if a company like Brightline could pick it up, that could be our last hope to see this one get momentum (albeit it would likely use different technology)

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1 hour ago, Andrew Ewert said:

I will forever hate the little handful of people who fought tooth and nail to kill a project that would have benefited millions of people and the environment.

So you hate the landowners in the middle of nowhere that would get zero benefit and have their land messed up? That's harsh. One of the failures of the promoters was they treated rural landowners like crap. Ask any petroleum landman what happens when you treat rural people like that.

I was never against the project, but I never believed anything the promoters said about ridership. I don't believe the volume of riders is as high as claimed, and if the  fares were set to compete with SW Airlines, I would be driving to Dallas, not taking the train, especially if the whole family was going.

 

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22 hours ago, Ross said:

So you hate the landowners in the middle of nowhere that would get zero benefit and have their land messed up? That's harsh. One of the failures of the promoters was they treated rural landowners like crap. Ask any petroleum landman what happens when you treat rural people like that.

I never had high hopes in this project, but yes. Those landowners are selfish, shortsighted, and interested only in the politics of this project. That Texas Central didn't learn from the petroleum industry is one thing, but those landowners were never going to give land for a "commie train." Buy their land and put the state and environment first. 

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2 hours ago, HoustonBoy said:

I never had high hopes in this project, but yes. Those landowners are selfish, shortsighted, and interested only in the politics of this project. That Texas Central didn't learn from the petroleum industry is one thing, but those landowners were never going to give land for a "commie train." Buy their land and put the state and environment first. 

The route could have gone up the I-45 RoW without any eminent domain issues.

I don't think you understand the desire of people in rural areas to not be bothered, especially for a project that does nothing for them.

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5 minutes ago, Ross said:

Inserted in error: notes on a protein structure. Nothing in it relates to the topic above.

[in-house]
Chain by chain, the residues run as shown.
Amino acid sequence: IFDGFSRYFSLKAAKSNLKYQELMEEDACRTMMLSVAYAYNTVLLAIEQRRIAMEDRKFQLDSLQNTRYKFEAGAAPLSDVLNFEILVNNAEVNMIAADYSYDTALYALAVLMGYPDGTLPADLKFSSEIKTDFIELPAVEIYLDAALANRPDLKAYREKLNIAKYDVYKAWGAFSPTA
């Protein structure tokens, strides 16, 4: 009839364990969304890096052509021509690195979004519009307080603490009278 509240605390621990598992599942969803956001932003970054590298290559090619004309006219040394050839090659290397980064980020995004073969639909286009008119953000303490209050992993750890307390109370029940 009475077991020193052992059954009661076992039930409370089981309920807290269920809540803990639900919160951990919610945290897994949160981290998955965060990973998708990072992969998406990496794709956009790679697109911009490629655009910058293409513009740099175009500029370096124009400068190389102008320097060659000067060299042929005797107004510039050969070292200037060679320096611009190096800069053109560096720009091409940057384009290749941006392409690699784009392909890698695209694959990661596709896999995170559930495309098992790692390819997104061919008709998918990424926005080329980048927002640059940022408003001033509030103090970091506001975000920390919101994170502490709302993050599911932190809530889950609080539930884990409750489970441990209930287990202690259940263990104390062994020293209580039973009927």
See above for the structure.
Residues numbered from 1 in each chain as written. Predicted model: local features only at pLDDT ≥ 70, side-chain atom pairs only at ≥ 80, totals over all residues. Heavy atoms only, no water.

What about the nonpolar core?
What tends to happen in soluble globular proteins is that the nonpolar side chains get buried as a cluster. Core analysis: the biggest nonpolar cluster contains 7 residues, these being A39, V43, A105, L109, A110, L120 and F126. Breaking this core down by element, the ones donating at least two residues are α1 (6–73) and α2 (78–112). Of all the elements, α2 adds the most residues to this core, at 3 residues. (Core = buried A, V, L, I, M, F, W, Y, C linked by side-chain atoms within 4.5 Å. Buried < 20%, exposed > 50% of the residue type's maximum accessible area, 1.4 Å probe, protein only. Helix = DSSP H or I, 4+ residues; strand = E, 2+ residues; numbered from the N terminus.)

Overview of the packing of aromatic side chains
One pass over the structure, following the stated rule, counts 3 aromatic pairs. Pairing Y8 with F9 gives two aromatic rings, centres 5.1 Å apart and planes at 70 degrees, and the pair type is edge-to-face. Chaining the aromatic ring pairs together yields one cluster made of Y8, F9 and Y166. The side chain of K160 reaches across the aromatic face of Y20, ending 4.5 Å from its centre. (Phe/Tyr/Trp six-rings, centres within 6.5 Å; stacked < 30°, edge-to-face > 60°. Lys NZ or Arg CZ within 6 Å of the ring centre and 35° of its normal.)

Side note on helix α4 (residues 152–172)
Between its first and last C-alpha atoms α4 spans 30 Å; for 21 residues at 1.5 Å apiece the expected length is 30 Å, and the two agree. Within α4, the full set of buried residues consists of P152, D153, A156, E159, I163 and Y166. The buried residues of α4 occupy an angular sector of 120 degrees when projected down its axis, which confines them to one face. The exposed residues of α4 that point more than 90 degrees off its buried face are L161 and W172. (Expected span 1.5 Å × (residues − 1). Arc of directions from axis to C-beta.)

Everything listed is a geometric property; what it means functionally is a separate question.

The route could have gone up the I-45 RoW without any eminent domain issues.

I don't think you understand the desire of people in rural areas to not be bothered, especially for a project that does nothing for them.

No it couldn't.  Turn radiuses for at speed travel would have it deviate outside of the ROW.  Also TXDOT isn't given up any of their ROW when they'll want to tack on more lanes in the future.

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3 hours ago, Ross said:

The route could have gone up the I-45 RoW without any eminent domain issues.

I don't think you understand the desire of people in rural areas to not be bothered, especially for a project that does nothing for them.

. if it was so easy don't you think texas central would have considered that? there is significant amounts of planning that goes into these routes, its not just people randomly deciding to bother rural land owners 

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4 hours ago, BeerNut said:

No it couldn't.  Turn radiuses for at speed travel would have it deviate outside of the ROW.  Also TXDOT isn't given up any of their ROW when they'll want to tack on more lanes in the future.

If the high speed rail was going to be so great, there wouldn't be a need for more lanes on 45. That was supposed to be one of the benefits. Of course, a family of 4 isn't going to take the train when they can drive for less than half the cost of going by rail.

Or, make it a 140mph train that can use smaller radius curves. I think people got so wrapped up in the bullet train concept and its 200mph+ speeds that hey failed to look at other alternatives that would be less expensive to build and still provide a reasonable transit time between Houston and Dallas. As it is now, there won't be any highish speed rail in Texas for 50 years.